Community organizing explained
Posted: February 04, 2009
1:00 am Eastern
Immediately after the Democratic National Convention in Colorado, the Boston Globe published a letter from L. David Alinsky. He boasted about how Barack Obama had made extremely effective use of his training in the methods of David's late father, the famous Chicago radical, Saul D. Alinsky.
David Alinsky gloated: "I am proud to see that my father's model for organizing is being applied successfully beyond local community organizing to affect the Democratic campaign in 2008. It is a fine tribute to Saul Alinsky as we approach his 100th birthday."
What was Saul Alinsky's model that Barack Obama used so successfully to defeat the Clinton machine plus the Republican Party in a dramatic one-two punch never before seen in politics? What is known today as "the Alinsky ideology and Alinsky concepts of mass organization for power" are fully set forth in Alinsky's 1971 book, "Rules for Radicals: A Pragmatic Primer for Realistic Radicals."
Alinsky's worldview was that mankind is divided into three parts: "the Haves, the Have-Nots and the Have-a-Little, Want Mores." His purpose was to teach the Have-Nots how to take power and money away from the Haves by creating mass organizations to seize power, and he frankly admitted that "this means revolution."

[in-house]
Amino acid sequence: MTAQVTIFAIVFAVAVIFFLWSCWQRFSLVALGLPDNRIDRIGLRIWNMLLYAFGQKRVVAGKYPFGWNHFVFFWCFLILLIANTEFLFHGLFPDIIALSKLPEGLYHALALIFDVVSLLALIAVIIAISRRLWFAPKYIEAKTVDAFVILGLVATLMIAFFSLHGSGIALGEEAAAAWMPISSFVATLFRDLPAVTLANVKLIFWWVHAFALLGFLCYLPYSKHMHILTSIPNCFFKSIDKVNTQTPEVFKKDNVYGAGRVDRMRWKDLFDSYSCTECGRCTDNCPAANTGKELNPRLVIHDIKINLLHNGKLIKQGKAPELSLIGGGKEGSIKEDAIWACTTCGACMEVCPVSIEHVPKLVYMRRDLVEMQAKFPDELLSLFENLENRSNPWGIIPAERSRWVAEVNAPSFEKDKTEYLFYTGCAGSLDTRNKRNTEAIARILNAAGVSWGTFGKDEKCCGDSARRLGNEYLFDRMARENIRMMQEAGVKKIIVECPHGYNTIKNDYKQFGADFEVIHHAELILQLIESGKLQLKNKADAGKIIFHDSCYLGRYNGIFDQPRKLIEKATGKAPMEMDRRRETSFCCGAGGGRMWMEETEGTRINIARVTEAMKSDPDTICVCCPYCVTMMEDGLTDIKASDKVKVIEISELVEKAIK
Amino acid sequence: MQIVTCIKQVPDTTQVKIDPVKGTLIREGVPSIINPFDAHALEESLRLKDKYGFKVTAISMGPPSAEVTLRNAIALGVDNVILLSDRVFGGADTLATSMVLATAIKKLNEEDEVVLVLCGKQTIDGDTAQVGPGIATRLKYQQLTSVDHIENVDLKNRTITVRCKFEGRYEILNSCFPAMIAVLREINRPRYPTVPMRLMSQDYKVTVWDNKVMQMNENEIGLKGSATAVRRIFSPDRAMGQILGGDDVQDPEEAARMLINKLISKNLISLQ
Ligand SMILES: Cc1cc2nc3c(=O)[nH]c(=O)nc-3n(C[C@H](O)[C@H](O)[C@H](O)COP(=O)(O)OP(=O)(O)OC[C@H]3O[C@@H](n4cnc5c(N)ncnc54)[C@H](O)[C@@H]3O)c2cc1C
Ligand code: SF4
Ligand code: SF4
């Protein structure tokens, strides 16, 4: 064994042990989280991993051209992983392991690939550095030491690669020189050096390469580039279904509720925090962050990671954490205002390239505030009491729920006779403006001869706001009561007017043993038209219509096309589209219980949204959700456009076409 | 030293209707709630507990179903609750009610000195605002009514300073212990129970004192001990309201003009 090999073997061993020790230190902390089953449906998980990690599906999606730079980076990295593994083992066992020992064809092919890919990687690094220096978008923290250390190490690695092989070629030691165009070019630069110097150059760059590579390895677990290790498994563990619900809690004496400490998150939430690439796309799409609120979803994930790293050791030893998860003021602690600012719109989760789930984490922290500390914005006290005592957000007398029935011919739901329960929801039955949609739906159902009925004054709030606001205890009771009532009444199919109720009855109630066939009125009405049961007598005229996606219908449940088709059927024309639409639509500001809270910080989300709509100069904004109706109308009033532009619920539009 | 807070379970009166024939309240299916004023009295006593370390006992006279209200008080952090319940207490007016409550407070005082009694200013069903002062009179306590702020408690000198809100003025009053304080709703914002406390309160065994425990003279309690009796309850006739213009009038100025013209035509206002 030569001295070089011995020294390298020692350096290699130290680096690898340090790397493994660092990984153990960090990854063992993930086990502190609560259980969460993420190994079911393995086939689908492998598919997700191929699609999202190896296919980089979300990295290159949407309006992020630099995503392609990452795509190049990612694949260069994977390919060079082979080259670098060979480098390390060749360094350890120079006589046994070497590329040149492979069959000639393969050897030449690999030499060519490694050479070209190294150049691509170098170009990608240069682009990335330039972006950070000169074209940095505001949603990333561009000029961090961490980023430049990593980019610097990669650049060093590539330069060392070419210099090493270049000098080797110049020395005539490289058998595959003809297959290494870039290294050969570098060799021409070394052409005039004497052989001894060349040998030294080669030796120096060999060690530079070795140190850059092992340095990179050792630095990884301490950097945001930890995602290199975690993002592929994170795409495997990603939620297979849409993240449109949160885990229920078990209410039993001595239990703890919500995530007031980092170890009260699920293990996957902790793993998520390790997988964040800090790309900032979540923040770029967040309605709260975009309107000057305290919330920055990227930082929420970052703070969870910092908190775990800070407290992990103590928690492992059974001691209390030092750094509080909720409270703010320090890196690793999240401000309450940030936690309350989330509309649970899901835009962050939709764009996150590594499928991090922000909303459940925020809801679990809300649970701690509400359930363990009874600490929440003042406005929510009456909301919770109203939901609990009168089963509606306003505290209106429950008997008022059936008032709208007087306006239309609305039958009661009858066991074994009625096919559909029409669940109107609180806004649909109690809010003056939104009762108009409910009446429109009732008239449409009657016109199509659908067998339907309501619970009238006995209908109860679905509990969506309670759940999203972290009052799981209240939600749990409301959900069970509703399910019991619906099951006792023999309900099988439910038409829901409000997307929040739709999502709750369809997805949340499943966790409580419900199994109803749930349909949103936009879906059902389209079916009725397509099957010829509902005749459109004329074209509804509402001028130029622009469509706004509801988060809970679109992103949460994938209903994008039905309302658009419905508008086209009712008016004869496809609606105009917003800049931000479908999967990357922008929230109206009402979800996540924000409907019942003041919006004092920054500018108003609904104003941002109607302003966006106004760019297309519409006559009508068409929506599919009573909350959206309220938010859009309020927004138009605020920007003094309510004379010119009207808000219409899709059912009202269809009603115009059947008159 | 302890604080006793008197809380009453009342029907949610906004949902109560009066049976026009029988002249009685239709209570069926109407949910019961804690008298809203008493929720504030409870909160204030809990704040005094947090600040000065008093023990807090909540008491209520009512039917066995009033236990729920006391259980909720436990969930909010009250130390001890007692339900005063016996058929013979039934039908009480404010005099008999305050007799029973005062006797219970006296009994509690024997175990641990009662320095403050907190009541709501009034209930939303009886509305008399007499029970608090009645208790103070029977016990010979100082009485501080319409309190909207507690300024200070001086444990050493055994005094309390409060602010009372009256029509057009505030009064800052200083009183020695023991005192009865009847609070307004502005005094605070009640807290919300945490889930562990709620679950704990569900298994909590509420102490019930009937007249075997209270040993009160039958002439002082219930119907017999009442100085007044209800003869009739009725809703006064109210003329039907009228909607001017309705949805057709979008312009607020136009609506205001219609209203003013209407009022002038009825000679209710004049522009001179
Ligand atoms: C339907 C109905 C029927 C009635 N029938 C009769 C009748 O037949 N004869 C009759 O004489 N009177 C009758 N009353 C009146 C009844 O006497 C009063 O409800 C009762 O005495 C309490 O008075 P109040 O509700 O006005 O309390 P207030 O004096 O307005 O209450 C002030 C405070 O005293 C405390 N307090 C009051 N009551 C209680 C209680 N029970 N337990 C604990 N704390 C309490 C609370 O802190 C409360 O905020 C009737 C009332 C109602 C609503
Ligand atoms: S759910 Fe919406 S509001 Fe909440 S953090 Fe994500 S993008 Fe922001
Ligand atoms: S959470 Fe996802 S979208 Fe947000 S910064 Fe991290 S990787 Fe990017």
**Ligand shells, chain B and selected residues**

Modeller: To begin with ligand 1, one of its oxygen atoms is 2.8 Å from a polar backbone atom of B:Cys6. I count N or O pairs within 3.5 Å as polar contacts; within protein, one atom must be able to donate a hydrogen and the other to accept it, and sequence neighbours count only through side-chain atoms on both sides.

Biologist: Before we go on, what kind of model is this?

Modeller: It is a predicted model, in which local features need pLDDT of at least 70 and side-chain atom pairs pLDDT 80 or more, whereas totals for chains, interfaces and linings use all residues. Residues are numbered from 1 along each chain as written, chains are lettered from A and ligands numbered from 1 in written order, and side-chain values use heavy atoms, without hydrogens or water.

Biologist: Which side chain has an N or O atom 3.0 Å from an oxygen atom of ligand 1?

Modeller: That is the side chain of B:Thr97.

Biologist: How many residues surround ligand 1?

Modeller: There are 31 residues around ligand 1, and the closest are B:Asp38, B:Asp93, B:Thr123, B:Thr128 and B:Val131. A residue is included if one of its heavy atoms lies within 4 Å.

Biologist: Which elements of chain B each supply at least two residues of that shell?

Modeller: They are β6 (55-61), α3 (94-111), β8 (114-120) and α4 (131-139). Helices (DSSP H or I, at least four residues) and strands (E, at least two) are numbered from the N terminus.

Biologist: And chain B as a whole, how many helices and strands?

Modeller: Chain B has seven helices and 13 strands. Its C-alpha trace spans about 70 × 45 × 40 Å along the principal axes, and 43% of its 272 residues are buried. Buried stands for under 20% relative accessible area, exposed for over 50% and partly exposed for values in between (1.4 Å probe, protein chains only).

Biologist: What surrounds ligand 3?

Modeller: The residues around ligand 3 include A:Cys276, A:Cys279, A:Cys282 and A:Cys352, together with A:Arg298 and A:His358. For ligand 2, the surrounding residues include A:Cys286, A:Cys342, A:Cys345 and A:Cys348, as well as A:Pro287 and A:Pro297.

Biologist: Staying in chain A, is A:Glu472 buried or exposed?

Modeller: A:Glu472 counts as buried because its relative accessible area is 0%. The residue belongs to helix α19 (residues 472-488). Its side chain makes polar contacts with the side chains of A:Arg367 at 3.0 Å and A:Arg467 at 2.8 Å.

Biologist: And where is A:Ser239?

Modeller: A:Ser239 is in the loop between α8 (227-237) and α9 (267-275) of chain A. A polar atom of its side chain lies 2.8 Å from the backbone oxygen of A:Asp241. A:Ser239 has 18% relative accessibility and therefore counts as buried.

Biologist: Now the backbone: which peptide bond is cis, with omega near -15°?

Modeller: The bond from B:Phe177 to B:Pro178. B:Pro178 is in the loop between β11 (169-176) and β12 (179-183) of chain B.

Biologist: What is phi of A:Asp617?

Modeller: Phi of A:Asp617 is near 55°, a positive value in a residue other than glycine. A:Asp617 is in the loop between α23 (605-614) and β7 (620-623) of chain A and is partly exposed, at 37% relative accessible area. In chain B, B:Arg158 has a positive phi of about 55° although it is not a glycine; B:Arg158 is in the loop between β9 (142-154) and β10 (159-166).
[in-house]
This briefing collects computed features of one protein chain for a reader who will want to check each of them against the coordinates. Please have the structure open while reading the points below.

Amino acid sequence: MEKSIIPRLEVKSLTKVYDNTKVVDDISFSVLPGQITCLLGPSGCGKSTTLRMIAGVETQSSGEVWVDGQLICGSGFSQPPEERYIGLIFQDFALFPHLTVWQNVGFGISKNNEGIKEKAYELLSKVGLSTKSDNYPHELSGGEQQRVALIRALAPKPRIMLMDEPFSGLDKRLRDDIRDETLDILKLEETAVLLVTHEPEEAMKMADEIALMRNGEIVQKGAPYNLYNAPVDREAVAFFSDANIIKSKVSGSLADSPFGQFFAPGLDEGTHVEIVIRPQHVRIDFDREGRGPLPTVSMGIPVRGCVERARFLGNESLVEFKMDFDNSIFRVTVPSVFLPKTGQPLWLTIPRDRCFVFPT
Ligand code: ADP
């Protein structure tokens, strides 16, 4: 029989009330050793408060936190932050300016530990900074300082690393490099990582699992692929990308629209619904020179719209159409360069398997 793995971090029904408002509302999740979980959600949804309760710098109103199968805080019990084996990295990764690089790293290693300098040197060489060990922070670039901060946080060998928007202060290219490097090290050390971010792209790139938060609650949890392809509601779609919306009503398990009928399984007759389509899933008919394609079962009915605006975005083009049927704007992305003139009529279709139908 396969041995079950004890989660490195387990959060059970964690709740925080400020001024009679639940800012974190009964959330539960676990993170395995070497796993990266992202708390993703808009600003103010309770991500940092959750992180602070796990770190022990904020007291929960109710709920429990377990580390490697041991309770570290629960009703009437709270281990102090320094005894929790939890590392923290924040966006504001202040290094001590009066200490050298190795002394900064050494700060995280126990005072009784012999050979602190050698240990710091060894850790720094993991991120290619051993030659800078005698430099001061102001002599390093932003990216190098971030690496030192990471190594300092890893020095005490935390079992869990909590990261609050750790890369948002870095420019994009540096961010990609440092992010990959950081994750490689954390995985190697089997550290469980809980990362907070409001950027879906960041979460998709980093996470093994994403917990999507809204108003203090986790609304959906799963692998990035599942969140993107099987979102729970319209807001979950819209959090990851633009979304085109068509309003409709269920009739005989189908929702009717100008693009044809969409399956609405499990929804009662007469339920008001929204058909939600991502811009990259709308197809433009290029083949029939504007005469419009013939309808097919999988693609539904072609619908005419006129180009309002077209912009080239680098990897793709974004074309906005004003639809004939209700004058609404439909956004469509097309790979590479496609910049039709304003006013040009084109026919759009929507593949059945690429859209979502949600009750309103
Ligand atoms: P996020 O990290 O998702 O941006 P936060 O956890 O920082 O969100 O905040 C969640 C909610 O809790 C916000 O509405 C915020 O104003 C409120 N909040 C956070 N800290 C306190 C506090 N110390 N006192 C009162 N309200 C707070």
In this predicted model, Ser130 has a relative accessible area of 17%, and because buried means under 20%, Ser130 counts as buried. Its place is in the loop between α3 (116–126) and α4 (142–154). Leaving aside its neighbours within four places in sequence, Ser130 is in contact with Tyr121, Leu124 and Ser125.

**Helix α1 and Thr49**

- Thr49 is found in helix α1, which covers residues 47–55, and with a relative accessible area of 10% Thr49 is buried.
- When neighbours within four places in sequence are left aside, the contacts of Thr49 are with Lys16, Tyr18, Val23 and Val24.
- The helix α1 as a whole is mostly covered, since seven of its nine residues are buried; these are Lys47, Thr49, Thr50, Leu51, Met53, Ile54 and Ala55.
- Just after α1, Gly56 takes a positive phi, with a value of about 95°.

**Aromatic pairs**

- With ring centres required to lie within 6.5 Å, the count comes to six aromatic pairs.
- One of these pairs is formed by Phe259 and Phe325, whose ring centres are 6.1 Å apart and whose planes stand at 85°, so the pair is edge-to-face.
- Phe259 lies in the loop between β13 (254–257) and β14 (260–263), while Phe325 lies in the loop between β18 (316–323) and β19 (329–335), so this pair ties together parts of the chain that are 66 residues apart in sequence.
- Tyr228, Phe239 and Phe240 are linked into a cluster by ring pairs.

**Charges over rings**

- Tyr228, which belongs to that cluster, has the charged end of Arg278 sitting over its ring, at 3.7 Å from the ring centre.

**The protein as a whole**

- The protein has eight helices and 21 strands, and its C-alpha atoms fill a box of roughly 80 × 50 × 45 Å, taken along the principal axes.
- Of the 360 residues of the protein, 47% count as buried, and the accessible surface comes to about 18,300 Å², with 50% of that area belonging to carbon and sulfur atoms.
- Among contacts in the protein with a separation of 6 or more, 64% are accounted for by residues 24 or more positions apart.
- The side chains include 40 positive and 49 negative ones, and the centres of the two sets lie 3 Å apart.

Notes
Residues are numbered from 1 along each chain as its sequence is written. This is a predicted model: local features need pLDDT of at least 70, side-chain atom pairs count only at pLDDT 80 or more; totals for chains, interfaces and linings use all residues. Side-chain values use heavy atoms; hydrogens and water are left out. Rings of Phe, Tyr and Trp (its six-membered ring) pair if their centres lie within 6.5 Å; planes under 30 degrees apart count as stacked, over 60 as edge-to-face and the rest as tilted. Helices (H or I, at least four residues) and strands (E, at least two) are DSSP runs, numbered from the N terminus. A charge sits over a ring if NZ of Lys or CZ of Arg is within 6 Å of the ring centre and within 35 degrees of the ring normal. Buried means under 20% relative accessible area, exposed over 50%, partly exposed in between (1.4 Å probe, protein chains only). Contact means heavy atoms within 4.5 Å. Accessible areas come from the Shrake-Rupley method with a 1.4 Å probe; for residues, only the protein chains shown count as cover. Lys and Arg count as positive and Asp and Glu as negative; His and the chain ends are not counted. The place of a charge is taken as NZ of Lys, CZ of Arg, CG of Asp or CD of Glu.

He wanted a radical change of America's social and economic structure, and he planned to achieve that through creating public discontent and moral confusion. Alinsky developed strategies to achieve power through mass organization, and organizing was his word for revolution.
He wanted to move the United States from capitalism to socialism, where the means of production would be owned by all the people (i.e., the government). A believer in economic determinism, he viewed unemployment, disease, crime and bigotry as byproducts of capitalism.
"Change" was Alinsky's favorite word, used on page after page. "I will argue," he wrote, "that man's hopes lie in the acceptance of the great law of change."
Alinsky used what he called "general concepts of change" to move us toward "a science of revolution." What he called "change" meant massive change in our socio-economic structure, and what he called "organizing" meant pursuing confrontational political tactics.
Alinsky taught the Have-Nots to "hate the establishment of the Haves" because they have "power, money, food, security and luxury." He claimed that "justice, morality, law and order are mere words used by the Haves to justify and secure their status quo."
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